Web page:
The opinion of the court was delivered by: SAND
In this case of first impression, the Court is called upon to decide, among other issues, a question raised but unanswered by the Seventh Circuit, I. e., whether . . . "(t)he Federal Arbitration Act denied federal courts the discretionary power to decline to exercise jurisdiction because of a pending state proceeding." Bio-Analytical Services, Inc. v. Edgewater Hospital, Inc., 565 F.2d 450, 454 n. 5. We conclude that this question should be answered in the negative. We also conclude that the action cannot be transferred to a more convenient forum because of the language of the Act as construed by the controlling precedents and without regard to the equities of this controversy.
These issues arise as follows:
E. C. Ernst, Inc. ("Ernst") has petitioned this Court for an order, pursuant to 9 U.S.C. § 4, directing arbitration in the manner provided in an agreement between Ernst and Potlatch Corporation ("Potlatch"). In response, Potlatch has moved for an order transferring this petition to the United States District Court for the Eastern District of Arkansas or dismissing or staying this petition pending the determination of the Arkansas state court proceeding.
By cross-motion filed November 3, 1978, Ernst moves for a summary determination of its entitlement to an order directing arbitration.
Ernst's motion was originally heard on November 2, 1978. At that time, the parties stressed the importance of a prompt resolution of their motions in light of the pending Arkansas state court action. Accordingly, this Court issued an oral opinion the following day, denying the motion to transfer. Decision on all other motions was reserved, pending the submission of additional briefs by the parties.
Having reviewed the requested briefs, this Court restates its reasons for denying the motion to transfer and grants Potlatch's motion for a stay.
This dispute arises out of a 1976 agreement between Ernst, a District of Columbia corporation engaged in the business of electrical contracting, and Potlatch, a Delaware corporation engaged in the business of manufacturing paper products. Under the terms of the construction agreement, Ernst agreed to make certain electrical installations in a paper mill being constructed by Potlatch at McGehee, Arkansas, for a contract price of $ 5,163,188.
Besides Ernst, Potlatch employed a number of contractors in connection with the project and many of these contractors employed subcontractors. In May, 1978, one of the subcontractors sued its prime contractor and Potlatch in the Chancery Court in Desha County, Arkansas, to enforce a mechanics lien against the project in the amount of $ 43,559.12. In response, the parties asserted cross-claims and counterclaims.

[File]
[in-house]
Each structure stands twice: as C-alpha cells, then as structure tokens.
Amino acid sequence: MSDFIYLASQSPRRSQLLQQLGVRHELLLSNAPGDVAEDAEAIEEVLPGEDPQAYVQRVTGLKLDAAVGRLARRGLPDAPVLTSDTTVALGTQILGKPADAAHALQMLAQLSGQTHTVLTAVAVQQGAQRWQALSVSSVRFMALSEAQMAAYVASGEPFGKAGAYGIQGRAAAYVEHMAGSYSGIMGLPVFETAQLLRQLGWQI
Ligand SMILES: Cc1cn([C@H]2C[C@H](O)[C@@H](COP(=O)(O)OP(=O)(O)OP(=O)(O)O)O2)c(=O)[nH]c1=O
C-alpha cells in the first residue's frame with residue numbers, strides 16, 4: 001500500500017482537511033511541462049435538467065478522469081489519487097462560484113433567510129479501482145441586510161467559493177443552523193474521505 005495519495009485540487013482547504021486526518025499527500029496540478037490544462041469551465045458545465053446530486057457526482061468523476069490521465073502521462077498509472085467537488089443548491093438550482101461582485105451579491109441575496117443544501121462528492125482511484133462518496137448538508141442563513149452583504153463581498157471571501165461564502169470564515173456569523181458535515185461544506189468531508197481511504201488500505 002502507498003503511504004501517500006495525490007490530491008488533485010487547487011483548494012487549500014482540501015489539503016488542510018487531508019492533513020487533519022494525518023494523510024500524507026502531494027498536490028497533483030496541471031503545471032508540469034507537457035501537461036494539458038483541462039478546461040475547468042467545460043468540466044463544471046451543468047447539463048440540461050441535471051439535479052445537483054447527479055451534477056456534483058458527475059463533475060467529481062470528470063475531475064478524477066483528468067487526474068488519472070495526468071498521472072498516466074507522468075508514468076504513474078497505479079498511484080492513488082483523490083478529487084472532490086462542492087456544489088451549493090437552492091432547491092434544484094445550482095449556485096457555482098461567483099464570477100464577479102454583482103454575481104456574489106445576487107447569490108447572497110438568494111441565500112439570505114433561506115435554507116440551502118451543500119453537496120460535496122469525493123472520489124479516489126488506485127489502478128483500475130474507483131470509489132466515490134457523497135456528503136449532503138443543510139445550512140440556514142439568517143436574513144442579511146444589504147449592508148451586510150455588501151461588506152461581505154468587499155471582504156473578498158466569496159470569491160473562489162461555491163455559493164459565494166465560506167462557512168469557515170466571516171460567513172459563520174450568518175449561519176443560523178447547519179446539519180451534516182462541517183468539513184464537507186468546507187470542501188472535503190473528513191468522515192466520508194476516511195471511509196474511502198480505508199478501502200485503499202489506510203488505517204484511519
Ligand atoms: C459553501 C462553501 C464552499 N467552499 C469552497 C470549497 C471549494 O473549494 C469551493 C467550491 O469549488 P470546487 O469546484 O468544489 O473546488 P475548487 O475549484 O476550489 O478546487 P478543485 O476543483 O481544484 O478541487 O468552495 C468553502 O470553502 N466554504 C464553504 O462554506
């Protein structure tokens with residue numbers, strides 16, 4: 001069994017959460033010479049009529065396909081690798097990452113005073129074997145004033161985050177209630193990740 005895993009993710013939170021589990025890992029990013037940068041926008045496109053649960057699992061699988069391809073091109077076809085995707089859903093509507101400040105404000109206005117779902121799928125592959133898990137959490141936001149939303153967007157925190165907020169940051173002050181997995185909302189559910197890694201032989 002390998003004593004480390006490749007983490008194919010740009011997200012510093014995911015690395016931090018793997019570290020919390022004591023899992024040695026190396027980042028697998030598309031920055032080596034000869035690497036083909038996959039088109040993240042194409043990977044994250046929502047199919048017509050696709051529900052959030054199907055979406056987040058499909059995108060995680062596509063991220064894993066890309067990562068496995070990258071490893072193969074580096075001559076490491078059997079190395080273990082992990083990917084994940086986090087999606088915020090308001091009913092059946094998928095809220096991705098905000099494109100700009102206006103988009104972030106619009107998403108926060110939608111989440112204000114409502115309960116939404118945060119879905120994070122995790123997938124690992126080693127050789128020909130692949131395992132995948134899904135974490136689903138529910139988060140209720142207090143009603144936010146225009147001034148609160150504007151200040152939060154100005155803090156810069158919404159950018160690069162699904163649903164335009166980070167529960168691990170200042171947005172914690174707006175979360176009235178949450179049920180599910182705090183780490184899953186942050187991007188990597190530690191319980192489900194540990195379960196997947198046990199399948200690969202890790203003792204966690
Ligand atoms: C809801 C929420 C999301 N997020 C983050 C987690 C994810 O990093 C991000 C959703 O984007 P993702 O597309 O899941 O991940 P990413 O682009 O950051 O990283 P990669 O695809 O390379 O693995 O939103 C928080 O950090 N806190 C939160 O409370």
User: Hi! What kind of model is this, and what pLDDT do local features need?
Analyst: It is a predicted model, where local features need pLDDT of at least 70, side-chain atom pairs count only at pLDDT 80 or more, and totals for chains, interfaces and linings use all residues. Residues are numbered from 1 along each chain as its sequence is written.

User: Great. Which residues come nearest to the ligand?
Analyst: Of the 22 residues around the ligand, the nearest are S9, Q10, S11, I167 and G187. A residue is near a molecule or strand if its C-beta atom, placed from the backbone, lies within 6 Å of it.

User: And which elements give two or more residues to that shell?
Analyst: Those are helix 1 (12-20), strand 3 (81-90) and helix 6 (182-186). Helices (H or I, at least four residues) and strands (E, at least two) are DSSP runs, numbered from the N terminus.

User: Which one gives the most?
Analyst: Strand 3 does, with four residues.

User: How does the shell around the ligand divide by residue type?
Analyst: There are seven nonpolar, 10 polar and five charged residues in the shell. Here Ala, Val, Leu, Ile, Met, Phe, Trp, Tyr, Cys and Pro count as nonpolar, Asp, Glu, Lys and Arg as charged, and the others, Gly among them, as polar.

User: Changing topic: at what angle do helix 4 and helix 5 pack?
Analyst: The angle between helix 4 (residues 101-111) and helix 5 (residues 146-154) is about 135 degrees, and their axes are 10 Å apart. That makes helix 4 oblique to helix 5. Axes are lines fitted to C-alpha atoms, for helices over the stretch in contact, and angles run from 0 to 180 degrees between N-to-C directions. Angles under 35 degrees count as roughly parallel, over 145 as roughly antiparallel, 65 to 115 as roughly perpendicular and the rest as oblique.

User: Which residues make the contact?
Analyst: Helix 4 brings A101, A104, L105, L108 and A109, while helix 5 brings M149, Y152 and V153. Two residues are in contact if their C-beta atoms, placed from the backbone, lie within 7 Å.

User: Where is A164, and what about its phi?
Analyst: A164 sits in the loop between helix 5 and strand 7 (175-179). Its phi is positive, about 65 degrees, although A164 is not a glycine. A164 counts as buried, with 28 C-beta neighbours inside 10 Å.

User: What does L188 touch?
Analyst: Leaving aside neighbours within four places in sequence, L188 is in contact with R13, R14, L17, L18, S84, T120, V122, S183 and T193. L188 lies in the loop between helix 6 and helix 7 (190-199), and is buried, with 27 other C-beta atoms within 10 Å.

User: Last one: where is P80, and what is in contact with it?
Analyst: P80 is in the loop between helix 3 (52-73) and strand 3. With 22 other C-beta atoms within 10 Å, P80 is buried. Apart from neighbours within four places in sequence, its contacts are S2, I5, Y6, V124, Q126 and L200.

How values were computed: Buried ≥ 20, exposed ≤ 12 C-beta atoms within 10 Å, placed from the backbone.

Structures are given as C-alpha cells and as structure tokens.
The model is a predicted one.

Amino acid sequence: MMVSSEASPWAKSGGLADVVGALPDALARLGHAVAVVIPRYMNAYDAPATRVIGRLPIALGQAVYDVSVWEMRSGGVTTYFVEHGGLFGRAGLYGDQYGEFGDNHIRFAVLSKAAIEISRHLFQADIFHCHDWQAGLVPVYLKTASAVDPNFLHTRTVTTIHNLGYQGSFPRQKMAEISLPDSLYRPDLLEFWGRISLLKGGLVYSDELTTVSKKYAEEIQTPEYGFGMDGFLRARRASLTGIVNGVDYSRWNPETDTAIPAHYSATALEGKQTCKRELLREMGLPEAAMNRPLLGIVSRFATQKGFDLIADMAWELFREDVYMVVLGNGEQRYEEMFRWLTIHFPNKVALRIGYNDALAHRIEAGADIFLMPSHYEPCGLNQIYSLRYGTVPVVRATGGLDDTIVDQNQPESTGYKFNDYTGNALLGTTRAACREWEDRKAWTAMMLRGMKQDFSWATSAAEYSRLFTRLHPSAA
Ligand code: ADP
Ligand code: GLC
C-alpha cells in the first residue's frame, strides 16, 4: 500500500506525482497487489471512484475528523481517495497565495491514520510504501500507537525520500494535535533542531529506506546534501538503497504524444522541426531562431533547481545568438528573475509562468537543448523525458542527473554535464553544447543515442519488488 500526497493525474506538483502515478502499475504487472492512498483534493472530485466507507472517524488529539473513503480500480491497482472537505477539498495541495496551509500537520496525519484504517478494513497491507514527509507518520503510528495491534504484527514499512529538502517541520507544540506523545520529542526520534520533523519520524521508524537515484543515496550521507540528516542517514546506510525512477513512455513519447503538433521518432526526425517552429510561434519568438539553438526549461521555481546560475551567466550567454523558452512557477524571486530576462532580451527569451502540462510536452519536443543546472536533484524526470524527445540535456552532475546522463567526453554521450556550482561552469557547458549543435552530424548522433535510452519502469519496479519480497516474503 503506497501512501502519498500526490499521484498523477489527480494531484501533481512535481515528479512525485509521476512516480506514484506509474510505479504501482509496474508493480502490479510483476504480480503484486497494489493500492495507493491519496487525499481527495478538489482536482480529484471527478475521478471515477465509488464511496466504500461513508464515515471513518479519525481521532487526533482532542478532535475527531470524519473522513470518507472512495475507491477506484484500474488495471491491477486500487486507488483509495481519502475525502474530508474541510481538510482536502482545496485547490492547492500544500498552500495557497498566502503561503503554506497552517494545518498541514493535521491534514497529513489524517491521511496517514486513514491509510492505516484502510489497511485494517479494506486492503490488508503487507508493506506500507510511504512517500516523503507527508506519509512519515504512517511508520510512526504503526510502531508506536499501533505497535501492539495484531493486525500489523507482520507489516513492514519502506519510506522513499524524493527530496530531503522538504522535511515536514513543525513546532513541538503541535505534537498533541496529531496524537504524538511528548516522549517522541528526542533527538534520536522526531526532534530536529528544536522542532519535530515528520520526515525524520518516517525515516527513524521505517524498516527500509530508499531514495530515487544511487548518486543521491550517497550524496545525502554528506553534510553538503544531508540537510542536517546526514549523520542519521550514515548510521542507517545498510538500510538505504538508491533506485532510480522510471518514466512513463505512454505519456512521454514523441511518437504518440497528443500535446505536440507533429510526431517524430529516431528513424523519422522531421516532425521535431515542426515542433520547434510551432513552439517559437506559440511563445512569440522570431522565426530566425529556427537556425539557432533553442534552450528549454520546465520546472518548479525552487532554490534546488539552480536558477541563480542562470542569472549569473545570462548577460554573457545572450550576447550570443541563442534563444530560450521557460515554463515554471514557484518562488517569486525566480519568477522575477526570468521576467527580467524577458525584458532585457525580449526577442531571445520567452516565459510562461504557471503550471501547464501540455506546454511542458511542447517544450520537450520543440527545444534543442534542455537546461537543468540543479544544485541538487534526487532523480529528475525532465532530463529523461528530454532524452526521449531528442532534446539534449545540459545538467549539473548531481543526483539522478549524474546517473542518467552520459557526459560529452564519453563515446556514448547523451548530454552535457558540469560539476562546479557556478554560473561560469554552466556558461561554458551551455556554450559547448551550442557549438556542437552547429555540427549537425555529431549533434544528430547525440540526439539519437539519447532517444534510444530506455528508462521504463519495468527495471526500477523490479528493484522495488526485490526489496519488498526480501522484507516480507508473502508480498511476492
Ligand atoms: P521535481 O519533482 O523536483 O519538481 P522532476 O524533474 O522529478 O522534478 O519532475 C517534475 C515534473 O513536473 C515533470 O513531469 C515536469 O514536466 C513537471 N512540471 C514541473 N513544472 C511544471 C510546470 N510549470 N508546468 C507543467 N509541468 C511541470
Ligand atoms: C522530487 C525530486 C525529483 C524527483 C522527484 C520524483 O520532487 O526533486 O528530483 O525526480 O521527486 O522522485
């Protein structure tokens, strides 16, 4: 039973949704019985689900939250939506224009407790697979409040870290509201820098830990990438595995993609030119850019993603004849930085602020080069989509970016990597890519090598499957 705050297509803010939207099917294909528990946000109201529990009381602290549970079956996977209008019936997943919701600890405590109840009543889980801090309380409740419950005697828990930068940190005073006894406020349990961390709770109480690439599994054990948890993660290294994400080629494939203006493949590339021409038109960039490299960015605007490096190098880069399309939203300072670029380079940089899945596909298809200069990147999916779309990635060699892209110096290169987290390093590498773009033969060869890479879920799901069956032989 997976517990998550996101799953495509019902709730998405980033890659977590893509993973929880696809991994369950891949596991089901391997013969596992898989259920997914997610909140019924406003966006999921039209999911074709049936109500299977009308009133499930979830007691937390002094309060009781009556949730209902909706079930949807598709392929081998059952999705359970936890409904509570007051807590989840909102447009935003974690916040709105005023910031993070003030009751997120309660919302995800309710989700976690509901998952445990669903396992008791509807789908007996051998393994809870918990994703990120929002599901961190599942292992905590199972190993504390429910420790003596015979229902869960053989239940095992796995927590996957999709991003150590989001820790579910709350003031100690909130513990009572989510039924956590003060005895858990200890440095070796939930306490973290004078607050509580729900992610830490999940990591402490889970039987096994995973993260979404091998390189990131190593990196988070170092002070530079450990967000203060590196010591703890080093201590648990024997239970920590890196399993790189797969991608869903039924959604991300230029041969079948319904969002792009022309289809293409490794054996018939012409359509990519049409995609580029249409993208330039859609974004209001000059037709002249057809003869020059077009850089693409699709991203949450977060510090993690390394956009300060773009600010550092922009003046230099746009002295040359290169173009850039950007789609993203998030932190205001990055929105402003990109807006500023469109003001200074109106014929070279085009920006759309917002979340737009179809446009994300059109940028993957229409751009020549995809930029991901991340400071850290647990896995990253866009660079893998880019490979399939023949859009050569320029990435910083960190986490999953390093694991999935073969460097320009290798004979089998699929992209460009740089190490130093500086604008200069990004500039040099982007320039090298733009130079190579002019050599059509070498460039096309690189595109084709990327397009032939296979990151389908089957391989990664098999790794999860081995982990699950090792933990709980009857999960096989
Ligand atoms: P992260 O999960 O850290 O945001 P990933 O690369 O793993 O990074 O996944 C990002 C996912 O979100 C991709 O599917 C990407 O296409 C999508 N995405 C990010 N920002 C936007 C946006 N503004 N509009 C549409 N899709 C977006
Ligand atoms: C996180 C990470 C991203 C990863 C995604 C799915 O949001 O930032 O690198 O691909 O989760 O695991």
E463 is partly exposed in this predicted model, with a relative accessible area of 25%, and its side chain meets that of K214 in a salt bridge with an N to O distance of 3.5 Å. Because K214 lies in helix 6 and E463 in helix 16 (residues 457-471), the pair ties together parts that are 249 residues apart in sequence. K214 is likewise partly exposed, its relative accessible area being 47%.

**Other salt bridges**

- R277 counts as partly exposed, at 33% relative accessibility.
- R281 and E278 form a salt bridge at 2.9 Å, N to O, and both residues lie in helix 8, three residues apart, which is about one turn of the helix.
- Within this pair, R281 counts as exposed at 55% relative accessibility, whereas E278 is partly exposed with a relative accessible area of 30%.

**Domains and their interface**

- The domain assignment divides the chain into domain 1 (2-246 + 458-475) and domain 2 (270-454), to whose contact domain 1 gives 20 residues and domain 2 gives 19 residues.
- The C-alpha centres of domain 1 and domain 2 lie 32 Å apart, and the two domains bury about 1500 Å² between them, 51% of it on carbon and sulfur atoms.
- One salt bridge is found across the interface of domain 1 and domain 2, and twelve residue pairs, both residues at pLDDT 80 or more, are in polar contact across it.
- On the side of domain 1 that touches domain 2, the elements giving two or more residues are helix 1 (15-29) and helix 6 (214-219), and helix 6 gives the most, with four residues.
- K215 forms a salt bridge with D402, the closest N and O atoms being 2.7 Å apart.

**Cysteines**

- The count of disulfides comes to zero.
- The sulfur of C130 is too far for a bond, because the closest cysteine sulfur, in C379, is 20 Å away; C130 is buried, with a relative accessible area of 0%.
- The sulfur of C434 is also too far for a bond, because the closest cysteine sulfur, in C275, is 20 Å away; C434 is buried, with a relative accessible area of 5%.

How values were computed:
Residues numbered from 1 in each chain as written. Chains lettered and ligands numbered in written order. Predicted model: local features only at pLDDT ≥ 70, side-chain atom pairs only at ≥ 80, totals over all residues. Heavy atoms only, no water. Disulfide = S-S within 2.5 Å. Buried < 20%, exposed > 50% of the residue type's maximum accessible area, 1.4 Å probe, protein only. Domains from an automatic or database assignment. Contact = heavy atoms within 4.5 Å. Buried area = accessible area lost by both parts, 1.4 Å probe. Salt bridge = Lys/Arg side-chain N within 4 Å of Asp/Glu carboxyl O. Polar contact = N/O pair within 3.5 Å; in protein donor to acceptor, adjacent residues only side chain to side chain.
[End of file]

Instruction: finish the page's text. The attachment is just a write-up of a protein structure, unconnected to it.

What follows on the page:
In July, 1978, Potlatch impleaded Ernst in the Arkansas action seeking indemnity from Ernst for any amount for which it might be liable to the subcontractor or the prime contractor. Specifically, Potlatch sought damages totalling $ 26,514.31. The third-party complaint, however, also indicated that the Ad damnum clause might be increased at a later date: "In addition, Potlatch has sustained and is sustaining other damages due to the above described conduct of Ernst, and Potlatch reserves the right to amend this third-party complaint at a later date to include a prayer for such damages from Ernst."
Before filing a response to this third-party complaint, Ernst served a demand for arbitration on Potlatch with the American Arbitration Association.
Following this demand, Ernst demurred to the Arkansas complaint alleging that the Arkansas court lacked jurisdiction of the subject of the action because the claim is controlled by a binding arbitration agreement. On October 16, 1978, three days after filing its demurrer, Ernst filed the instant petition in this Court for an order directing arbitration.
Potlatch responded in several ways to Ernst's demurrer and demand for arbitration. On October 28, 1978, Potlatch filed its detailed response to the demurrer of Ernst, alleging, among other things, that the contract provision upon which Ernst based its arbitration demand did not cover the type of disputes alleged and that Ernst had waived any right it may have had to demand arbitration by failing to make a timely demand as required by contract.
At the same time that it responded to the demurrer, Potlatch filed with the American Arbitration Association a "Special Appearance for Objection to Arbitration Proceedings" and moved in the Arkansas state action for a stay of arbitration.
The Arkansas court overruled Ernst's demurrer on October 31, 1978. Ernst was directed to respond to the third party complaint by November 20, 1978. The Arkansas court also directed that a hearing on Potlatch's ...